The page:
In particular, from the point of view of being able to move quickly in and out of positions, using ETFs may be preferable to active strategies, which on the whole are structured as pooled vehicles that only price once a day.
This means if the fund prices at midday and you want to buy or sell at 1pm, you have to wait until the next day before you can trade. Whereas because ETFs trade whenever the market is open, like a regular share, you can make these switches whenever you see an opportunity. In the current environment, for example, if say President Trump announced a trade deal with China in the afternoon UK time, which creates an opportunity, then you can do something there and then. From a practical sense, it gives you a little bit more control.
Active certainly has a place
One thing to note though is that index construction for income tilted passives is, almost by definition, typically focused on historic metrics rather than forward looking predictions. Examples are screening for stocks with the highest dividend yield or stocks that have a track record of dividend growth over a defined period.
Active managers of income strategies will regularly have an allocation to “turn- around” stories, perhaps where they expect a company that has no history of paying dividends to start paying one.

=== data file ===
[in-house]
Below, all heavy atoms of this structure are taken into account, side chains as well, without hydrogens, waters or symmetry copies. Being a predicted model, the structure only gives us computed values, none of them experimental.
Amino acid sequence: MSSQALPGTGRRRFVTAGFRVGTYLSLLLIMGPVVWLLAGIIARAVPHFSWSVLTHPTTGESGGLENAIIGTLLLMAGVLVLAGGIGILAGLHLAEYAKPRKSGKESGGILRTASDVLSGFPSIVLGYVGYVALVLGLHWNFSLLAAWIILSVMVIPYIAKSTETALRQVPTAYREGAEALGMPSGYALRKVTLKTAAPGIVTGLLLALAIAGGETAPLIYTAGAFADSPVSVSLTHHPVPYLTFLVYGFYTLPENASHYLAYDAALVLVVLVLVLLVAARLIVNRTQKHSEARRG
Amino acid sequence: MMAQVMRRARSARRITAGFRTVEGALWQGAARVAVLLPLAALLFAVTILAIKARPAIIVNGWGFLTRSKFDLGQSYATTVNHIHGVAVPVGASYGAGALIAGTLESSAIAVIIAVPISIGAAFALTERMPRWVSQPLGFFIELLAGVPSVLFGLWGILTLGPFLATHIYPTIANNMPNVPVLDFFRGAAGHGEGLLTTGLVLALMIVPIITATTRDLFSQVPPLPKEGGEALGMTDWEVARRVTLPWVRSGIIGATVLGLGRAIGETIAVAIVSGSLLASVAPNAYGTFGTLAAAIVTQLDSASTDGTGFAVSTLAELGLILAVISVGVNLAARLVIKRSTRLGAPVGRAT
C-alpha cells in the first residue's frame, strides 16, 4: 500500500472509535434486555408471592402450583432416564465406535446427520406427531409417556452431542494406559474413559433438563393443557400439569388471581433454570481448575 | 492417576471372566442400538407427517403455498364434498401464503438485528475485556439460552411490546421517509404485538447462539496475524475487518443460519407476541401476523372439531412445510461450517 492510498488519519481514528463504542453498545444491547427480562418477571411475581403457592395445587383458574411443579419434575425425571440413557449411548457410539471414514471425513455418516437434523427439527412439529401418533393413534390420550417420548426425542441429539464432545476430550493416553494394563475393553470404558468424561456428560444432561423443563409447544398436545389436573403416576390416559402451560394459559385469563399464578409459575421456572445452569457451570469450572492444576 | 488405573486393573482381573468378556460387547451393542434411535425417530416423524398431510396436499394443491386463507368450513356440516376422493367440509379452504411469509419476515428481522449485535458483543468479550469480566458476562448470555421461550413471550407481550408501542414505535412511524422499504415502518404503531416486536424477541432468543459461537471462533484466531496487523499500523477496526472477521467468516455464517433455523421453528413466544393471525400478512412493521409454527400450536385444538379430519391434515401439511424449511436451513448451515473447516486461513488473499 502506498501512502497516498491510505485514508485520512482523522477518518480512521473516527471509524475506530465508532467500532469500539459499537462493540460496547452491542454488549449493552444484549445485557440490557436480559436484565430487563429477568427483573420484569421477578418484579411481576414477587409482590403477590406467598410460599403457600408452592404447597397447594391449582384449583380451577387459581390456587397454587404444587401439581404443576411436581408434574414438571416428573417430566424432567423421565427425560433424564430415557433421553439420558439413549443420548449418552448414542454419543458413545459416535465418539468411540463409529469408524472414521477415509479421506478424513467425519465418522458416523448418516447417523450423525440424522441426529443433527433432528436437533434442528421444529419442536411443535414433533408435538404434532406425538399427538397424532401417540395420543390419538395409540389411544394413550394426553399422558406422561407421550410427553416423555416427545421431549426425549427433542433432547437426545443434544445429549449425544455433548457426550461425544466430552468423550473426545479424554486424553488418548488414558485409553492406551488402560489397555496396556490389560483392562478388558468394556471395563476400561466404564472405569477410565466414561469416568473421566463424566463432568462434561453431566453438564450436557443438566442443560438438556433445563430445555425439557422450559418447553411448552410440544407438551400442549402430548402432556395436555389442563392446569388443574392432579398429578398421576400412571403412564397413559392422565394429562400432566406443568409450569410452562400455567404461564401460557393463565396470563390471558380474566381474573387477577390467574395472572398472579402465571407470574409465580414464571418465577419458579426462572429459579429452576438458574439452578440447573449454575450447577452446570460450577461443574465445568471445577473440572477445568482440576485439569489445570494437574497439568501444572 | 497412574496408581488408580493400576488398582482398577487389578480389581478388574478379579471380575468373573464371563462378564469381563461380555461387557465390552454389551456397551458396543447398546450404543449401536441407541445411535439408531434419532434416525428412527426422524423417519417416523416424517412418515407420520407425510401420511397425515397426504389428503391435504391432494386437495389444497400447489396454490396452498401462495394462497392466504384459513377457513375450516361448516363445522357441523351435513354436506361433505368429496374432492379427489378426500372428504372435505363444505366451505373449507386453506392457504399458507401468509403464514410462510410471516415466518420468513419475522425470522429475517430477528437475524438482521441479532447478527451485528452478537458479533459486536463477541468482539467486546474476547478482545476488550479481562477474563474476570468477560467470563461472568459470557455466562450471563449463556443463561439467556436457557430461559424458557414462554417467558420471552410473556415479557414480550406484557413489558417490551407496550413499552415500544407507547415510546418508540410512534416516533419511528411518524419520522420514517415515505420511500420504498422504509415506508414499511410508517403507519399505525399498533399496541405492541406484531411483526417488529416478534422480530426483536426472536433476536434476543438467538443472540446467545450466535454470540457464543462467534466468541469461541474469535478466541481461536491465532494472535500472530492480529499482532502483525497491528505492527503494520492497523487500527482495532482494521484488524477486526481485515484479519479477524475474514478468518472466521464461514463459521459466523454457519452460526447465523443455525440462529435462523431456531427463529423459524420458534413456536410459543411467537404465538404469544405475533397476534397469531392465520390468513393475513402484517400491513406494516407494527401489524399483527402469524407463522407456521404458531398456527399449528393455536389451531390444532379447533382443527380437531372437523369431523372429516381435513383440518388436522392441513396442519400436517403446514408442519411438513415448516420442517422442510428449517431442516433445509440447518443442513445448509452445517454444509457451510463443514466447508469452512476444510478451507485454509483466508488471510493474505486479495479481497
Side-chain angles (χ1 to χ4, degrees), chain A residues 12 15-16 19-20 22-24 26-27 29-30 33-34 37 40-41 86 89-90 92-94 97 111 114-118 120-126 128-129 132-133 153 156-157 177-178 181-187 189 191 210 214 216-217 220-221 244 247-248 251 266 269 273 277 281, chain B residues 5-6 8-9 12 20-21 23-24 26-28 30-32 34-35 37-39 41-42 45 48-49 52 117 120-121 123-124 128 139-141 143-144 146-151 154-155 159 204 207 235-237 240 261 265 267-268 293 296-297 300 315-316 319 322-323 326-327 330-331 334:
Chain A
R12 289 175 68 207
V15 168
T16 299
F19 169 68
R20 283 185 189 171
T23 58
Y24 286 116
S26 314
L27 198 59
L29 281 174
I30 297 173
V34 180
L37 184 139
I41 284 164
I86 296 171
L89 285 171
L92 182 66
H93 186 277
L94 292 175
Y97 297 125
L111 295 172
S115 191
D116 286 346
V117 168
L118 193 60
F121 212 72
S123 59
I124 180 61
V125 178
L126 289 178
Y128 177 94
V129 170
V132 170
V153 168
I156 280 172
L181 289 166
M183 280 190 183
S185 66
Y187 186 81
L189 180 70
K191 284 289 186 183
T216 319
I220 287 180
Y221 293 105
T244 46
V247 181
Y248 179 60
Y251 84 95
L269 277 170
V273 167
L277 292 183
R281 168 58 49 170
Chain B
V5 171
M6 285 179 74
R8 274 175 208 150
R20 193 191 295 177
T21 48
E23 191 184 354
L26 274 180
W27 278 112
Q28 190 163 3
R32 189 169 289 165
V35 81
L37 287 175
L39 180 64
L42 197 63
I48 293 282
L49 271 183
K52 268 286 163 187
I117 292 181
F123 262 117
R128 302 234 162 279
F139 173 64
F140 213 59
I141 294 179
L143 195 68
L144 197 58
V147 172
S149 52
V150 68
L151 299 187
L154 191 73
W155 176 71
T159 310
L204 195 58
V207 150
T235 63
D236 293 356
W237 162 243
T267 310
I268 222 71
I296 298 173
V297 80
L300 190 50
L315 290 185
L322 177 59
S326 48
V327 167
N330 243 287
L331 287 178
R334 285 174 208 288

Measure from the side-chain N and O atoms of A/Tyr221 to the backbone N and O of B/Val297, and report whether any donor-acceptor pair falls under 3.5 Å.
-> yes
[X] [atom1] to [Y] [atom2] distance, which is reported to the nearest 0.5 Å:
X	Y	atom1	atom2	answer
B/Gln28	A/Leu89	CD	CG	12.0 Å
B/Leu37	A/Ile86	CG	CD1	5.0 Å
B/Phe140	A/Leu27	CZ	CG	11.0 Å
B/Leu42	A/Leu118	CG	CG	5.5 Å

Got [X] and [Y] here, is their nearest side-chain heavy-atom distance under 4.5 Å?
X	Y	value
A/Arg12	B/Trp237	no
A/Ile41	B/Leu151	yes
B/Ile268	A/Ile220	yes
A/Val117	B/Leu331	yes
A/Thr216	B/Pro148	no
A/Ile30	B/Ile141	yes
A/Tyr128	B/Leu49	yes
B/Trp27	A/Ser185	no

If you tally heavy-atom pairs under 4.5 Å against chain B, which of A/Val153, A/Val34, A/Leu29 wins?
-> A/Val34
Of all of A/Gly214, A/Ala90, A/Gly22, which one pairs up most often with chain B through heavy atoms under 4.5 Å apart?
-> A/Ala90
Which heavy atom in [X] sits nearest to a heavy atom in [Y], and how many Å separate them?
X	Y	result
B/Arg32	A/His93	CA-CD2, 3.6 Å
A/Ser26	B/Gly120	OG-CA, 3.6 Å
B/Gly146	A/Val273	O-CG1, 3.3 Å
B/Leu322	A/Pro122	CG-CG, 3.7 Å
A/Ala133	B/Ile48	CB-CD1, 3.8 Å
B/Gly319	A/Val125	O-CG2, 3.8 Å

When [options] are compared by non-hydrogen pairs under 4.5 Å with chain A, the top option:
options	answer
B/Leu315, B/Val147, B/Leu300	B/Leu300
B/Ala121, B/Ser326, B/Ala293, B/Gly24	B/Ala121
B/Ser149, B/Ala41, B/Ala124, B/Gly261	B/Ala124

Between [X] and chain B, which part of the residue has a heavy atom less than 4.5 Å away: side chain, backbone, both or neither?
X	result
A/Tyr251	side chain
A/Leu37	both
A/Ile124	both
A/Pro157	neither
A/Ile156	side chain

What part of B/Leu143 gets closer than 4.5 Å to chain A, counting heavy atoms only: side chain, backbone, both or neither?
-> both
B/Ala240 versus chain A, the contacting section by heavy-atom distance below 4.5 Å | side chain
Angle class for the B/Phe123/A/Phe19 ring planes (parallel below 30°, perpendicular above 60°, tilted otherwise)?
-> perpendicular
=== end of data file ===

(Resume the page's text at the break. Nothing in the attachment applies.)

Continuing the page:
Companies like this will generally not be captured by the index rules of an income tilted passive fund so opportunities may be missed, highlighting one of the many benefits of active management.
Creating the right mix
Investors should also not ignore the benefits of standard index trackers and their place in a fully diversified portfolio. These could be particularly useful in the wake of a global macro event, as it may be slightly clearer how the broader market indices might respond.
Furthermore, the UK equity market, historically, has a high dividend pay-out ratio and so income investors get a better yield from UK stocks generally. For that reason, just holding a FTSE tracker could generate much of the income you would need from a UK allocation.
Therefore, the savvy investor is likely to have a combination of active strategies, Smart Beta ETFs and traditional trackers. But investors have to be aware of whether the ETF or passive strategy they are using actually has all the exposure they are looking for and ensure that they understand any underlying biases that might affect their portfolio and the returns it can deliver.
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